The AfDB Has Approved A $11 Million Budget Allocation To Increase Fertilizer Finance For Smallholder Farmers

The AfDB has approved a $11 million budget allocation to increase fertilizer finance for smallholder farmers.

The African Development Bank’s (AfDB’s) board of directors has approved a budgetary allocation of $11.7 million for the African Fertilizer Financing Mechanism’s (AFFM’s) 2023 operations, with the goal of enhancing fertilizer supply and production while facilitating smallholder farmers’ access to inputs and technical assistance.

The approval included $4.7 million that was carried over from the previous year to strengthen the fertilizer sector through access to finance, supporting the development of long-term policy reforms and $16.4 million that was extended to the facility to support its 2023 budget, according to a statement obtained from the AfDB.

In addition, three commercial credit guarantee projects totaling $8.3 million that will benefit Zimbabwe, Côte d’Ivoire, and Ghana will still be carried out.

The African Development Bank (AfDB) further stated that the projects would be completed to assist the second pillar of the bank’s African emergency food production facility, which was established to prevent an impending food crisis in Africa following Russia’s invasion of Ukraine.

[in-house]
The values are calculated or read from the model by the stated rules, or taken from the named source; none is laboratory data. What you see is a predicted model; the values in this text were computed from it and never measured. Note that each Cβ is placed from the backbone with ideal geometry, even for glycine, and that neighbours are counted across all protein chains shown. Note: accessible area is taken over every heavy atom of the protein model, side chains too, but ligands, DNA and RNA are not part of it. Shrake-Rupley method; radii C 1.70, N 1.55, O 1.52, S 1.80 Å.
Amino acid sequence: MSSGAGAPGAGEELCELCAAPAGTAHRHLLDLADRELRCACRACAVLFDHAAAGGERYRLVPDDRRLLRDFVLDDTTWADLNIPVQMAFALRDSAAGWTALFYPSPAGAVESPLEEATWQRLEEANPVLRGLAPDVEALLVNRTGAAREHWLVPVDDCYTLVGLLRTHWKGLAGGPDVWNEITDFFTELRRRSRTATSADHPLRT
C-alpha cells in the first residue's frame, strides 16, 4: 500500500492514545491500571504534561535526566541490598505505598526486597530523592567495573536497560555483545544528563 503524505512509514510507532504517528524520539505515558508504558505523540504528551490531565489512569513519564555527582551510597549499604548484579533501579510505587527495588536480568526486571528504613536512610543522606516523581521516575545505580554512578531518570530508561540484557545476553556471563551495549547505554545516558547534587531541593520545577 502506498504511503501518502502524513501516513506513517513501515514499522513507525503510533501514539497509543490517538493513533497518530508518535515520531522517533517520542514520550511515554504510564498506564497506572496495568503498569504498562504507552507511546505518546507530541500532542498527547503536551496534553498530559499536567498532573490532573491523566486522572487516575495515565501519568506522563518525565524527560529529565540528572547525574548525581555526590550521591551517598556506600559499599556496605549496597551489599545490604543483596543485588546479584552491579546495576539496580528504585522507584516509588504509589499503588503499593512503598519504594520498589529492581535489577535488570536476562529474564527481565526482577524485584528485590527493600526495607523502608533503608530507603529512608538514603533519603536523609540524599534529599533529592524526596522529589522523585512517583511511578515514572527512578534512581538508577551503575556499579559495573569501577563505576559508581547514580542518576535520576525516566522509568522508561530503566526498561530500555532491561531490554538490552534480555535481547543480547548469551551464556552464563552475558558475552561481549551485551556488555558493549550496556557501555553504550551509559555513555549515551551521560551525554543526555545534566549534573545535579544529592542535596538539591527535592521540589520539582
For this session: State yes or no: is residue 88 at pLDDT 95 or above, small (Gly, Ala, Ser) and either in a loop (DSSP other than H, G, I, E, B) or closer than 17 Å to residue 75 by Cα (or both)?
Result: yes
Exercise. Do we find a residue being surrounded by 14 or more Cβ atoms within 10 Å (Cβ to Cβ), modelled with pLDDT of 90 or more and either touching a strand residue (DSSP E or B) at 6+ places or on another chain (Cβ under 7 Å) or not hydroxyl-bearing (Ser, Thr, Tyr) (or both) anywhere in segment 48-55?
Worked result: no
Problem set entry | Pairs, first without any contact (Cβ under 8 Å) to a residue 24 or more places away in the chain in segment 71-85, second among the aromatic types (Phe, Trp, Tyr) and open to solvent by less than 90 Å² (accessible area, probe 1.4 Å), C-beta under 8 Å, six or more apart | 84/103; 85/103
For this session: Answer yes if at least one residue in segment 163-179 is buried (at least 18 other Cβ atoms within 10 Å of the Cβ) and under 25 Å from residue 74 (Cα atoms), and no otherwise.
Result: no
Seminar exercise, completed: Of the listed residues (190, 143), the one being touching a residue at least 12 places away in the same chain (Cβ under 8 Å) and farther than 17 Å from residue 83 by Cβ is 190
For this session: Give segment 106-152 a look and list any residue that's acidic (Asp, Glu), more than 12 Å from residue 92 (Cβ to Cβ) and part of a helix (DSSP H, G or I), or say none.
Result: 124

In order to create the national food and agriculture pacts that the leaders of the continent submitted at the Feed Africa Summit in Dakar in January 2023, the statement said, “AFFM will actively work with African countries and other key stakeholders.”

Additionally, through loan guarantee projects and capacity building for farmers and input distributors, the AFFM would make it easier for smallholder farmers to acquire inputs and extension services.

The policy on fertilizer in at least ten African nations will also be thoroughly examined, with a map of the current status, gaps being identified, and an action plan being prepared. Supporting policy orientations that will solve the found flaws is the goal.

By providing the required funding to increase fertilizer use in Africa and hit the 50 kilos of nutrients per hectare target, the African Fertilizer Financing Mechanism seeks to increase agricultural production. It was founded by the African Union in Abuja in 2006, and the AfDB hosted and oversaw it.